Tian and his team told participants that they would be hearing a Jueju read out loud, and played the recording for them. Afterwards, they discovered a brain rhythm (shown as a blue wave in the image below) that oscillated with the speed of each line of the poems. This indicated to the researchers that as long as the participants knew they were hearing a Jueju, their brains would automatically “parse” content, breaking it into four lines with five characters in each line. 

Researchers discovered an additional brain rhythm (shown as a green wave in the image below) that oscillated with the speed of the first three lines. Tians’ team hypothesized that this rhythm might have something to do with another structural element of Jueju wherein the four lines of a quatrain acts as a Qi (initialization), Cheng (elaboration), Zhuan (continuum/twist), and He (integration), respectively. As the fourth line acts as a conclusion to the previous three lines, the researchers thought it was very likely that the dip in the brain rhythm could be the listener making a separation of the final line from the preceding three. Later, the research team used a computational model to create a simulation based on their hypothesis, and the results indicated that their hypothesis was likely to hold.
 

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Brain rhythms superimposed on top of sound waves. Researchers discovered three types of brain rhythms: The red line corresponds to each word of the poem, the blue line corresponds to each line, and researchers believe that the green line corresponds to participants’ learned expectations of the overarching structure of Jueju.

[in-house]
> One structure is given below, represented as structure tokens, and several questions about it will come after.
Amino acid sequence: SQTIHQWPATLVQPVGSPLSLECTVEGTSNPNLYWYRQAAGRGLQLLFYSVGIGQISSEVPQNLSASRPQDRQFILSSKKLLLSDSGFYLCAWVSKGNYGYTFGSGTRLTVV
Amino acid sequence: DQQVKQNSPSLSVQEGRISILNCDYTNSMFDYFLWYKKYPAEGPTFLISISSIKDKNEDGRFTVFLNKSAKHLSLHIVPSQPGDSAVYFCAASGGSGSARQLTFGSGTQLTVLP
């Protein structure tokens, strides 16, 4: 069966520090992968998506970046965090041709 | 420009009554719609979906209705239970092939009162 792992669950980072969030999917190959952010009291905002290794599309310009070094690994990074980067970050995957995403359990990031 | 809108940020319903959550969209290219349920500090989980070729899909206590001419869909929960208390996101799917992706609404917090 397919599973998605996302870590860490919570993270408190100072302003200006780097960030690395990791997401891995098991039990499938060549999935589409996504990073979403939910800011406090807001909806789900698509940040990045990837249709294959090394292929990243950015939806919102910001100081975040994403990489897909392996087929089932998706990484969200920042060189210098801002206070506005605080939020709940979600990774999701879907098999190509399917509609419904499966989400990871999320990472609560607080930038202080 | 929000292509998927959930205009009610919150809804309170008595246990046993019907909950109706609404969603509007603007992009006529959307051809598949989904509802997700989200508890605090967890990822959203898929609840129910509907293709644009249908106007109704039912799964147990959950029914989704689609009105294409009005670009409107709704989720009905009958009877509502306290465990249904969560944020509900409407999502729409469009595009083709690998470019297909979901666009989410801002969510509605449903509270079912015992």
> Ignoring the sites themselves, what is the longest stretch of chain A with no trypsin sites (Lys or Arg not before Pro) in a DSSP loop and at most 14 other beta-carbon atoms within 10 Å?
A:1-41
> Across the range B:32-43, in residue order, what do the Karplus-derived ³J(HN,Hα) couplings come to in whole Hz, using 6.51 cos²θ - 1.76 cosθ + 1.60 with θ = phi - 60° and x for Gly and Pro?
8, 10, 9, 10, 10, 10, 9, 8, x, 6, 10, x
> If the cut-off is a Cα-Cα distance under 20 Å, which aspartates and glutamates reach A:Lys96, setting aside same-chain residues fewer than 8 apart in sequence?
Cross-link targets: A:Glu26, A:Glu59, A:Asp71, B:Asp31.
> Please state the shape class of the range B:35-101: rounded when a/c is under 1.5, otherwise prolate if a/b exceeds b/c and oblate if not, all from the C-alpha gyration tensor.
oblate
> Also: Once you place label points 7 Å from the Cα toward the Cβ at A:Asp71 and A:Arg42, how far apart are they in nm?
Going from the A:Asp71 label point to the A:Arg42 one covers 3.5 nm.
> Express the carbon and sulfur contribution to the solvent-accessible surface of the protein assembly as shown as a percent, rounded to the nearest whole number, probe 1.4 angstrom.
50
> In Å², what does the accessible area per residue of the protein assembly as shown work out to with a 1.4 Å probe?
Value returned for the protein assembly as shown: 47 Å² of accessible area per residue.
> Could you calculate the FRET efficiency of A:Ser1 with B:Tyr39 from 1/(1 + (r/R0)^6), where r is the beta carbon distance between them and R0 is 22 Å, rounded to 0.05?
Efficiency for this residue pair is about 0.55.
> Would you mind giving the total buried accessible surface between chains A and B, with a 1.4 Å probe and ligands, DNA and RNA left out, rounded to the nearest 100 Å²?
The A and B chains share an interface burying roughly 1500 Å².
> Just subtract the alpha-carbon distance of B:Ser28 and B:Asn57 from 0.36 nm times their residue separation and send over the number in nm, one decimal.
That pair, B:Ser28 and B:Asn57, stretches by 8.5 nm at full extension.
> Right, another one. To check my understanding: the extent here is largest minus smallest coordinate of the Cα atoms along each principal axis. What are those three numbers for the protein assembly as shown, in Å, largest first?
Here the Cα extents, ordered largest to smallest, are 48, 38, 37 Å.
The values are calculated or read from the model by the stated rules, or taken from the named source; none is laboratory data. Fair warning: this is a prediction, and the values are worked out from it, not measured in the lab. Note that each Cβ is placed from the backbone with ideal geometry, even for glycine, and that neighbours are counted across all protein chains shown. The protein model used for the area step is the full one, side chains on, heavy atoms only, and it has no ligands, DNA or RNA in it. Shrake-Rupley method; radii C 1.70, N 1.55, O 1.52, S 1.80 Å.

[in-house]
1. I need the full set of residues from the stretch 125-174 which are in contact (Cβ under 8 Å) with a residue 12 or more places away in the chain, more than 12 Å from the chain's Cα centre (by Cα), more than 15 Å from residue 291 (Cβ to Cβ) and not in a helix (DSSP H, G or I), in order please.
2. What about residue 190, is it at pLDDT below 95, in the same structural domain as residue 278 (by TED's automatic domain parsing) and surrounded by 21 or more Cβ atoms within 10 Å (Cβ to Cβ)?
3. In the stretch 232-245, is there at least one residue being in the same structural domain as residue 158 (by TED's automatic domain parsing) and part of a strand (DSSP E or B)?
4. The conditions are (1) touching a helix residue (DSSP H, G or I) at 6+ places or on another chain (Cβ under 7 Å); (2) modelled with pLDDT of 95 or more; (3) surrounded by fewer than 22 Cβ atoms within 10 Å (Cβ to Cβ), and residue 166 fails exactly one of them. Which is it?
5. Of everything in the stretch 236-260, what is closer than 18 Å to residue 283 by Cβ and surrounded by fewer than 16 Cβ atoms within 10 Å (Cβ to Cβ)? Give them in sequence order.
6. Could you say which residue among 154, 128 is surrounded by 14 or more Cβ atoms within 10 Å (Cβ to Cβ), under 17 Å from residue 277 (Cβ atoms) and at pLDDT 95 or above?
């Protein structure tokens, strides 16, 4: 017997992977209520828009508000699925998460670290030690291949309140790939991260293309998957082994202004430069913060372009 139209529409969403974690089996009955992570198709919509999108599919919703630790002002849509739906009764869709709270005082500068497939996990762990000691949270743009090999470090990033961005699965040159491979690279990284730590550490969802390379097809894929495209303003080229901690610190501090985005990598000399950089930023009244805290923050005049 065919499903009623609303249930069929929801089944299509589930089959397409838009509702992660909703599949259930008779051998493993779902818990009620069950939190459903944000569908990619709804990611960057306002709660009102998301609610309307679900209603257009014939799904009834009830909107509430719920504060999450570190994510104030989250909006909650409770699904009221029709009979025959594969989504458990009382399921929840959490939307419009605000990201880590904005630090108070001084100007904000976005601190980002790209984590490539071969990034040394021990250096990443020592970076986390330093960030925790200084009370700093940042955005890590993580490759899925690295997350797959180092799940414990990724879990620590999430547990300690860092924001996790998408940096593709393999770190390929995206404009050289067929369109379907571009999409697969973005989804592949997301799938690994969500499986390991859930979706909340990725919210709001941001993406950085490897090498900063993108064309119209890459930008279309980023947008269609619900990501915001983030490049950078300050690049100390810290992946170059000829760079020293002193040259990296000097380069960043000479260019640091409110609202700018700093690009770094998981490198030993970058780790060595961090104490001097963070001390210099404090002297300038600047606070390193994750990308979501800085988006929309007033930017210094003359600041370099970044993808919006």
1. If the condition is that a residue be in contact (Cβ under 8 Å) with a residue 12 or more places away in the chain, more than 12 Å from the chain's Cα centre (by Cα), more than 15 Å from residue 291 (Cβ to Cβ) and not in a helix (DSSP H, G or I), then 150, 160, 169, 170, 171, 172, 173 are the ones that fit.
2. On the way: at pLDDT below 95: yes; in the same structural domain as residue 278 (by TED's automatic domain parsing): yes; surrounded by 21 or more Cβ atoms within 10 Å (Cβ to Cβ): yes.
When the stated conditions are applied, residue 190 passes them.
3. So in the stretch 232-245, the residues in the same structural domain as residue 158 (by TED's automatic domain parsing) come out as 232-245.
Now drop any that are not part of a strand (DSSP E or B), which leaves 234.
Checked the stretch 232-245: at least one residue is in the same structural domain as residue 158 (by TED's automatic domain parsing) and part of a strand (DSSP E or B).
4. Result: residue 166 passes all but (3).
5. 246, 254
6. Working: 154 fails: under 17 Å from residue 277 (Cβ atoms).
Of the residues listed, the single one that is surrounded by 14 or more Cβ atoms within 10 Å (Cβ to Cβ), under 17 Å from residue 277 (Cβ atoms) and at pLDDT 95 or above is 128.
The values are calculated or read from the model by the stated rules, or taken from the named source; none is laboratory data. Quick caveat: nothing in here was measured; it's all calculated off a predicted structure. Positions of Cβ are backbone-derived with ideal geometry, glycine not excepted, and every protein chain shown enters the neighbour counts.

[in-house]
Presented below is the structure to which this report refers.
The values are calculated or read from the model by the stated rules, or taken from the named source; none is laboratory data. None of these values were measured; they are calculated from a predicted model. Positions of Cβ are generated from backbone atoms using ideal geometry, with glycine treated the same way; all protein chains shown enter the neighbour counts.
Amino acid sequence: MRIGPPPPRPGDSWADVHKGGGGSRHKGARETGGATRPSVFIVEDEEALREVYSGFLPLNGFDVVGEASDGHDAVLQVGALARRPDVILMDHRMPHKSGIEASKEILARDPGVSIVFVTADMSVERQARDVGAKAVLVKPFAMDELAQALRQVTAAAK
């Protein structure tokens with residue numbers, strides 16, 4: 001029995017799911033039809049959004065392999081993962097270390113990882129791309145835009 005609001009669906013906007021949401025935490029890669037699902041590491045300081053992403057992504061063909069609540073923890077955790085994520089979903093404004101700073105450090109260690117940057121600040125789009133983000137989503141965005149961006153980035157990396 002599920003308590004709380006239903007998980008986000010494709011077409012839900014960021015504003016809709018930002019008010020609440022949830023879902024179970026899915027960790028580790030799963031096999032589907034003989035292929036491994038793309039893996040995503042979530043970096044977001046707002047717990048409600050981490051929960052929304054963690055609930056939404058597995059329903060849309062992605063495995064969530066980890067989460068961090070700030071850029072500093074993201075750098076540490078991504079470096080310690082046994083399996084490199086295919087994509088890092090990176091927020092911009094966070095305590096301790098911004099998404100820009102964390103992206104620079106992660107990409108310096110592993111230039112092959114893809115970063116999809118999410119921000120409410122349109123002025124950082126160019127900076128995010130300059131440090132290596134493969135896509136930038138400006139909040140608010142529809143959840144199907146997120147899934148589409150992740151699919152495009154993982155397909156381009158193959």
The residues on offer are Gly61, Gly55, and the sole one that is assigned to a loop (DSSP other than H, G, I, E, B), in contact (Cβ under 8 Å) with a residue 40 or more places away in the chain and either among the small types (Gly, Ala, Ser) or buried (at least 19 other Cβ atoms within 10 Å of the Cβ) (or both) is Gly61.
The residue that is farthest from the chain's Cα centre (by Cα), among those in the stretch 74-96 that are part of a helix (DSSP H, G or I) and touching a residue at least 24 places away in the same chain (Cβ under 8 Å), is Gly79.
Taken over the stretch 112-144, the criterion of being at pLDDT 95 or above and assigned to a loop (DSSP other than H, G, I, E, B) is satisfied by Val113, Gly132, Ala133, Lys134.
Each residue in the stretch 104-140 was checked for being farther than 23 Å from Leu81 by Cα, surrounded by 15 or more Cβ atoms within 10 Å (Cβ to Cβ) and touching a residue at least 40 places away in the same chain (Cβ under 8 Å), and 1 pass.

Additionally, the team found that when participants listened to a poem for the second time, their brain rhythm would advance faster than the first time due to their familiarity with the material. This phenomenon was first discovered in the field of neuroscience dedicated to spatial navigation, wherein experiments involving mice running through mazes found that the mice’s brain rhythm advanced faster in subsequent tries. Tian‘s study is the first time researchers have observed this phenomenon of faster advancement of brain rhythms as related to processing sequential signals in speech perception.
 

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Brain rhythms advanced faster when participants listened to the poem for the second time (pink line) compared to the first time (blue line).

This study not only provides new insights for neuroscience research, it also has application in education and art. Currently, language education mainly involves vocabulary, listening, reading, and grammar practice, but the results of this study indicate that the study of structure may aid language acquisition.

Tian says that scientists studying the neural mechanisms of art appreciation can also glean new ideas from the study. “Eric R. Kandel, one of the founding fathers of neuroscience once speculated that ‘art happens when predictable structure encounters unforeseen content,’ and it just so happens that our findings fit with his assumption,” said Tian. “Because we have discovered that people rely on basic structures when interpreting the poetry of the ancients. Perhaps artists will find these ideas useful in their practice.”

“We can make an even bolder hypothesis and ask the question: Is there a neurological basis for cultural differences? Chinese people have been creating and appreciating Jueju for thousands of years, being immersed in this specific cultural form,” says Tian. “Could it be that our brains are more suited to processing information with specific formats and structures? This is a cultural question worth exploring more deeply.”

In order to continue exploring in this vein, Tian plans to include other art forms in his future research. “We can use the same paradigm and apply it in an interdisciplinary way to behavioral science, brain science, education, art, and culture,” says Tian. “By including different fields of study and encompassing diverse perspectives, we can open more doors for the study of speech perception and cognitive neuroscience.”

Tian is the primary corresponding author of this paper. Teng Xiangbin and Stefan Blohm from Max Planck Institute for Empirical Aesthetics, Ma Min from Google, Professor Cai Qing from East China Normal University, and Yang Jinbiao, the research assistant at NYU Shanghai during the research have contributed to the research.